Permanent residence through a family member requires a relationship to a U.S. citizen or permanent resident. You are eligible to apply for permanent residence if you have a U.S. citizen spouse, parent, siblings, or child who is 21 years or older. You are also eligible for permanent residence if you have a permanent resident spouse or if you are unmarried and have a permanent resident parent. Often, obtaining permanent residence through a family member is the fastest and most secure route.
The most common route for obtaining permanent residence through employment is by obtaining a labor certification. The U.S. Department of Labor grants a labor certification when a company can prove that there are no qualified U.S. workers available to fill the foreign-national’s position.
Permanent residence through employment is also available for professors, researchers, persons who have served as an executive or manager at an international company, persons who have extraordinary skills that are recognized nationally or internationally, or persons who can demonstrate they will benefit the U.S.’s national interest.
Persons who fear they will be persecuted if sent back to their home country may apply for asylum and subsequently a green card. You must prove that you have a “well-founded” fear of persecution based on your race, religion, sexual orientation, membership in a social group, political opinion, or your national origin. Persons from countries with known human rights abuses and intolerant governments have better chances of receiving asylum. An application includes a lengthy form, declarations, and reports on the conditions in your home country. In most cases, you must apply for asylum within one year of arriving in the United States, unless you can justify the delay.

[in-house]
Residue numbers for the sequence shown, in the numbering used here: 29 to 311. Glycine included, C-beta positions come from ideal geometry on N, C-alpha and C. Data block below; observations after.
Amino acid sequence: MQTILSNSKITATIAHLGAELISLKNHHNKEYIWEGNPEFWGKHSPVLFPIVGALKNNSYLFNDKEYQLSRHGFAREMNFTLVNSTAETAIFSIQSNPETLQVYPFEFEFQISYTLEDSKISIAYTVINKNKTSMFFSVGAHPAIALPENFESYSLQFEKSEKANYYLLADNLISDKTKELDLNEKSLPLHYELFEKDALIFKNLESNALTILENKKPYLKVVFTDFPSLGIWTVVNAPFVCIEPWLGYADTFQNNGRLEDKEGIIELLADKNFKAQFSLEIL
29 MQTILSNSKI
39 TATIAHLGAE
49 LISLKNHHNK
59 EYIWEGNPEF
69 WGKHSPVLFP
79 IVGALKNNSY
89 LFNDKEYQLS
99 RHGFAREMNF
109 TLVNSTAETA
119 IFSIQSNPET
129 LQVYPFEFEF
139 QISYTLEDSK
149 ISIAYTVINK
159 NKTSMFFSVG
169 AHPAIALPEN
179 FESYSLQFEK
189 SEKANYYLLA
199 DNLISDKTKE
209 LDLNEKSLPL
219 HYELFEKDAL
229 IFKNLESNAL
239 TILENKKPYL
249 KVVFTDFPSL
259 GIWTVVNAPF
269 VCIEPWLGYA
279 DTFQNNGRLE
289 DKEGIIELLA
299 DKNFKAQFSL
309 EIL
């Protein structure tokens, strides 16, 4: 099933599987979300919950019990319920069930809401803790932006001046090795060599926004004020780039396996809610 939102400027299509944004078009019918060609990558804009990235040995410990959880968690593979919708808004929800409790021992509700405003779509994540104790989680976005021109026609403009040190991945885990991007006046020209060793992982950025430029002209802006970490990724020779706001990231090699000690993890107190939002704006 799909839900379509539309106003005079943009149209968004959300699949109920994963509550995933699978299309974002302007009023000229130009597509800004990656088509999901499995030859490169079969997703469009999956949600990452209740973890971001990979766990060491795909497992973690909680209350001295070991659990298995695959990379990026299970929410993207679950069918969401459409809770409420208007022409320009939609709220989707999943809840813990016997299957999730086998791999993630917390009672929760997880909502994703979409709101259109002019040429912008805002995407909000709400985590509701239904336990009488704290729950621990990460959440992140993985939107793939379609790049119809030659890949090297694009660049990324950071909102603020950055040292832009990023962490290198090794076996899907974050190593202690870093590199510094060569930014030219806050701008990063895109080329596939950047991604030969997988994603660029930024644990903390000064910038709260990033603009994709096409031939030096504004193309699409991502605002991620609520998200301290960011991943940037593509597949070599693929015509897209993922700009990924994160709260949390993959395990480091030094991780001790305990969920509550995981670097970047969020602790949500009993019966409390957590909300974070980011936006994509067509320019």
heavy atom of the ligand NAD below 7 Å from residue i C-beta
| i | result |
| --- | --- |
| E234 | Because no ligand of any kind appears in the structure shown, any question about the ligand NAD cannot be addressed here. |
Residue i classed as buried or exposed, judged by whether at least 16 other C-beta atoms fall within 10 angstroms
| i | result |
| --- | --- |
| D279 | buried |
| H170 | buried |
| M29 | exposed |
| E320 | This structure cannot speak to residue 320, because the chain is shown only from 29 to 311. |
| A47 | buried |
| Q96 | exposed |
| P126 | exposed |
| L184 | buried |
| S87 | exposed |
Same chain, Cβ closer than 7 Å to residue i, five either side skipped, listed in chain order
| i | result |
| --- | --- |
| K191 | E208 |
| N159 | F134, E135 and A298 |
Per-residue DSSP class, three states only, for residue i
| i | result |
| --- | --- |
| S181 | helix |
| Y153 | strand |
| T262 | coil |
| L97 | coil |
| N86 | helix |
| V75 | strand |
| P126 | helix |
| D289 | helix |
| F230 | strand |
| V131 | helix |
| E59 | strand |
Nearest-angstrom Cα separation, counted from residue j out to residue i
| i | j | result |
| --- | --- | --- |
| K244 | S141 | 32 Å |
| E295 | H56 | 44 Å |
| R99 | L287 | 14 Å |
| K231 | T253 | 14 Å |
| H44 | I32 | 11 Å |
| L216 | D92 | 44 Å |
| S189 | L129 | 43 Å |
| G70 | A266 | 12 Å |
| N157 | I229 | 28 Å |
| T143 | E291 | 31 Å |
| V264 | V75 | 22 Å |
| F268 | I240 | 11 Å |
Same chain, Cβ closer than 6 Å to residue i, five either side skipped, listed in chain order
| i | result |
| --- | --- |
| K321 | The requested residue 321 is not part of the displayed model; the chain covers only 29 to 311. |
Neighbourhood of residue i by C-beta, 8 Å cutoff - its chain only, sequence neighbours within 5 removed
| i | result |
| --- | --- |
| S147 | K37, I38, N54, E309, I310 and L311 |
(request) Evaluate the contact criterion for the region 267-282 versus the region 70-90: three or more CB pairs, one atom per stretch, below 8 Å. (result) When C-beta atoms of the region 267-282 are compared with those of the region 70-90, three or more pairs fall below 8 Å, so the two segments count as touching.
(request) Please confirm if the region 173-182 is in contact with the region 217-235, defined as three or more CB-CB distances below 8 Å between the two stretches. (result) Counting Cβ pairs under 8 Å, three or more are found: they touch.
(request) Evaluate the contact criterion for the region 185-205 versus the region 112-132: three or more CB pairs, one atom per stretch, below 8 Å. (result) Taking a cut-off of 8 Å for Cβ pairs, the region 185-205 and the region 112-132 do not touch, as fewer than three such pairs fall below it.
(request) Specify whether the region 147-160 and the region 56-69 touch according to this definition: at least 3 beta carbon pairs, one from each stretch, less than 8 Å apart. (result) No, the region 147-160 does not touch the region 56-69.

Cancellation of Removal
Persons in removal proceedings, also known as deportation hearings, may apply in court for a special pardon to receive a green card and stay in the United States. For individuals who have never had a green card, the critical element is proving that you have a spouse, parent, or child who is a U.S. citizen or permanent resident who would suffer extreme hardship if you were not allowed to stay the United States. You must also prove that you have lived in the United States for 10 years and have otherwise obeyed the laws.
US CitizenshipThe most secure immigration status you can have is that of a U.S. citizen. As described above, a temporary visa is restrictive. A green card can be taken away if you take a lengthy trip outside the U.S. or commit certain acts. In contrast, U.S. citizenship affords many advantages, such as ease of travel with a U.S. passport, the right to vote, and the option to apply for certain relatives to move to the U.S. more quickly.
In order to apply for citizenship, generally you must already have a green card for three or five years. In certain circumstances, you can apply for citizenship as soon as you receive your green card. Other requirements include having lived in the United States for certain amount of time, having English skills, and having knowledge of U.S. history (the last two requirements can be waived).
Living in the United States legally or becoming a U.S. citizen is a dream for many. Beginning with an immigration application, you can embark on your journey to realize these dreams and aspirations.
Disclaimer: This publication serves only as general information and is not a substitute for consultation with an attorney who can assess the specifics of a case and inform of the constant changes in law and policy. No attorney-client relationship is formed by the transmission of this information.